Well, 25 amps is not as bad as 30. I thought you just said you had a 30 amp controller.
In my opinion, it is pushing it a bit, to use that battery with more than a 20 amp controller. It would also depend on how you are riding it. You could be riding a route that never requires more than 12 amps, or you could be pulling 20 amps or more the whole way. Just depends on what your real world load is.
Knowing what your real world amps rate is, can be priceless. It's why we call a cycleanalyst a cheap investment. Knowing your watts or your amps helps a ton for knowing you have set up the bike correcty, for your controller, your motor, your battery, AND you riding it.
Since we still have more than one variable in play here, we can't definitely say much. But my guesstimate is that you have two problems, each from a different cause.
Fuse blowing, and hot fuse holder.
Chances are, you pull 25 amps just enough to get the fuse hot. The fuse holder also makes an imperfect connection, that causes resistance. So your fuse holder is actually causing heat to flow into the fuse itself. This resistance also means that if you draw 25 amps on the controller, plus you have 5 amps of resistance at the connection, including all the other connections on the bike, BINGO you now are drawing over 30 amps and the fuse blows as it is supposed to.
Battery shutdown without the fuse blowing.
This is different, you simply have emptied the battery and now the battery bms shuts off the battery. If you are drawing enough to blow that fuse, you are murdering the battery with high amps, and have been for awhile. The battery is not liking it, and will have lower capacity any time you draw amps out of it faster. Possibly, you have worn it out early.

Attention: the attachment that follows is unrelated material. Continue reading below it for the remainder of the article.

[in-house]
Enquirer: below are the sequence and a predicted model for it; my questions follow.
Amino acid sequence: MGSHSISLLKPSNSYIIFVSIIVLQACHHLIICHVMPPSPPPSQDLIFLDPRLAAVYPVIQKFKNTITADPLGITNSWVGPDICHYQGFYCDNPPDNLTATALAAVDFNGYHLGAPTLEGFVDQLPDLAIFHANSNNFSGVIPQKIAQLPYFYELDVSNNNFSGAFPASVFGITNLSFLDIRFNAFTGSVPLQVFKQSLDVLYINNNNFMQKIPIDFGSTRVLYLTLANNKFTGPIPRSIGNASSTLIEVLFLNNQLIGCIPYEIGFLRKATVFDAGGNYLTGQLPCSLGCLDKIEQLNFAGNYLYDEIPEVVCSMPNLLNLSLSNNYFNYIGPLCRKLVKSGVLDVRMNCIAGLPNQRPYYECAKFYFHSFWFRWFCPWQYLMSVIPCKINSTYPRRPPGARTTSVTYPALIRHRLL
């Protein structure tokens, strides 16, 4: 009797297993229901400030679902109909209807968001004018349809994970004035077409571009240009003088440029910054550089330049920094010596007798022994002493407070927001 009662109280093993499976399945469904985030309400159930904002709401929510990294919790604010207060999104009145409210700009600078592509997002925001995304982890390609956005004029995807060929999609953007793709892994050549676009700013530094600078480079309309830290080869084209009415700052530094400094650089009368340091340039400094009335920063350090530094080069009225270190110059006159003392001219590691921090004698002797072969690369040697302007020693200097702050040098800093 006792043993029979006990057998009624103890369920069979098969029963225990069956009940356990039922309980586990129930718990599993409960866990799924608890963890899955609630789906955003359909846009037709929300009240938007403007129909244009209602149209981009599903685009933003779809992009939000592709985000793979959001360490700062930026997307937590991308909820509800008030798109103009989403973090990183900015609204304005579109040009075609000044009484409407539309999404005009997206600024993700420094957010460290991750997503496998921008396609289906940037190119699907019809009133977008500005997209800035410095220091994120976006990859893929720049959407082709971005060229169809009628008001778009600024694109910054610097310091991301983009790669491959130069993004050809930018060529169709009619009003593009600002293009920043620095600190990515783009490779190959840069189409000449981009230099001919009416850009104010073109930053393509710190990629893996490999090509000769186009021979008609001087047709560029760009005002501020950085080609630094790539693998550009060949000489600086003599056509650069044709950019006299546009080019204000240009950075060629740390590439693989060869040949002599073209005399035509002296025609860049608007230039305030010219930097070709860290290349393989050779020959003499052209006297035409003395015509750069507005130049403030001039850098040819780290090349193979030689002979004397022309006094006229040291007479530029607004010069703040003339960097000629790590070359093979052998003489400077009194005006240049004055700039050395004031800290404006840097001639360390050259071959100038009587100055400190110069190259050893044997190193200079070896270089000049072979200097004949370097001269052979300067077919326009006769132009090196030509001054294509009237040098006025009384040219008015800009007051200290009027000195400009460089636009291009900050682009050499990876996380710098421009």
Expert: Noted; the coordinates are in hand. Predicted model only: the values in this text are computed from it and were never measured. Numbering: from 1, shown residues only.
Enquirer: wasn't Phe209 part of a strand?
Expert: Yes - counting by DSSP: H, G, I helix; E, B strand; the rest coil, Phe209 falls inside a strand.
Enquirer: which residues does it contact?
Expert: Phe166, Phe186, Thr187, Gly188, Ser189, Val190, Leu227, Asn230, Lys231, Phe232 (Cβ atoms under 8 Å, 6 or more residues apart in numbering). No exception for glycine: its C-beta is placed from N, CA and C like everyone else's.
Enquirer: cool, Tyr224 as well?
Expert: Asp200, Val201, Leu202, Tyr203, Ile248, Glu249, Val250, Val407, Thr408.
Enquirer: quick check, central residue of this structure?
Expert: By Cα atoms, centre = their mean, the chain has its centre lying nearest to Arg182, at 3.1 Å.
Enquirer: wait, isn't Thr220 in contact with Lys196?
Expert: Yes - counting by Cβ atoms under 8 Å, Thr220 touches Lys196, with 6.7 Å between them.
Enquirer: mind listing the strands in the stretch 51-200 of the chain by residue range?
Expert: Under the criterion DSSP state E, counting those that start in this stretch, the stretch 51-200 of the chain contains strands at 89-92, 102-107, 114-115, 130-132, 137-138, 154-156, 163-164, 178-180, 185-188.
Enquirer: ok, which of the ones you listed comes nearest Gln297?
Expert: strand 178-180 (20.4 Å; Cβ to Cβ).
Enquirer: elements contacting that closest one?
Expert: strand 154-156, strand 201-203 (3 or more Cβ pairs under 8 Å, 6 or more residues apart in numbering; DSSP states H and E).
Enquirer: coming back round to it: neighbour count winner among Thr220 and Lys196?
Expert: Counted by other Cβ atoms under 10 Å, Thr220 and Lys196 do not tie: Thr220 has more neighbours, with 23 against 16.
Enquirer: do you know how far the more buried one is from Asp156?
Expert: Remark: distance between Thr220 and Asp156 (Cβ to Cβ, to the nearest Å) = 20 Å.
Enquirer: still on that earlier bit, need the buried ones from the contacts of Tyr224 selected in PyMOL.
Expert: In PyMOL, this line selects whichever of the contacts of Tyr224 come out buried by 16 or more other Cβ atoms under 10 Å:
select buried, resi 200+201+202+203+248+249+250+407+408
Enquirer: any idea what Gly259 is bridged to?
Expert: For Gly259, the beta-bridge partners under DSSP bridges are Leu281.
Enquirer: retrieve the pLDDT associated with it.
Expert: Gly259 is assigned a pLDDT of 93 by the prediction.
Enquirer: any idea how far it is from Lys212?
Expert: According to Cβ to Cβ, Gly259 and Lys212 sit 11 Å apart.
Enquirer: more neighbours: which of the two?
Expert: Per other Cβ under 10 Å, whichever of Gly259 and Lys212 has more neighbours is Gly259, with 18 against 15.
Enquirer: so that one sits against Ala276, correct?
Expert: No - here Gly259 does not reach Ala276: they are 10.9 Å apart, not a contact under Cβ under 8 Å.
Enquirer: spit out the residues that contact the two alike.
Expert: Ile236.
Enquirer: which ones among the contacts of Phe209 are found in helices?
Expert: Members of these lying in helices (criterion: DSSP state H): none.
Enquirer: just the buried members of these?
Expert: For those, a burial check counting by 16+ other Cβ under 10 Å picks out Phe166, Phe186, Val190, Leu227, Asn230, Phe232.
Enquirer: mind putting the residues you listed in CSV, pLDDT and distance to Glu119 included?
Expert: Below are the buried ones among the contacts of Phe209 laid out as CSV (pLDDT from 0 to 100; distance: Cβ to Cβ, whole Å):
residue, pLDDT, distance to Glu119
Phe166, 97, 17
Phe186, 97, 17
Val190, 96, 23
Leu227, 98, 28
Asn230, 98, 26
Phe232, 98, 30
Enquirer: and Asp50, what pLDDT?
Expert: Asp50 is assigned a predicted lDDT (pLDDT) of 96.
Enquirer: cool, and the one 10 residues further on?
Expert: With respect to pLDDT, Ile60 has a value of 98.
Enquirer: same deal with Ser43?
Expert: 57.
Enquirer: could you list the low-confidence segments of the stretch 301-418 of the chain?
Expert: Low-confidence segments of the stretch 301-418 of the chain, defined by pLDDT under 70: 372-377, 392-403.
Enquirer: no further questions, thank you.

One last question, was the battery and motor and controller sold to you as a complete kit? If so, by who? I could be wrong about your controller being too big. That is strictly my own opinion, and I am quite conservative about it because I happen to have a really big hill that I have to climb every day. I am not completely familiar with the specifications on your particular battery. But one thing we've learned here about battery size, it's good to double it.
Lowering the amps can be done a few different ways. One is to clip out one of the shunt resistors. But that's pretty drastic. Your motor and controller are a good match I think. It's just that you may have a battery that, in it's current condition, is not as able to stand it as when it was new.
THE LIPO RULES. NEVER ABOVE 4.3V NEVER BELOW 2.7V DON'T PUNCTURE
Ideal charging /discharging range for Lipo, 3.65v minimum 4.1v maximum
See battery technology section, FAQ thread at the top of the page for lipo noob info.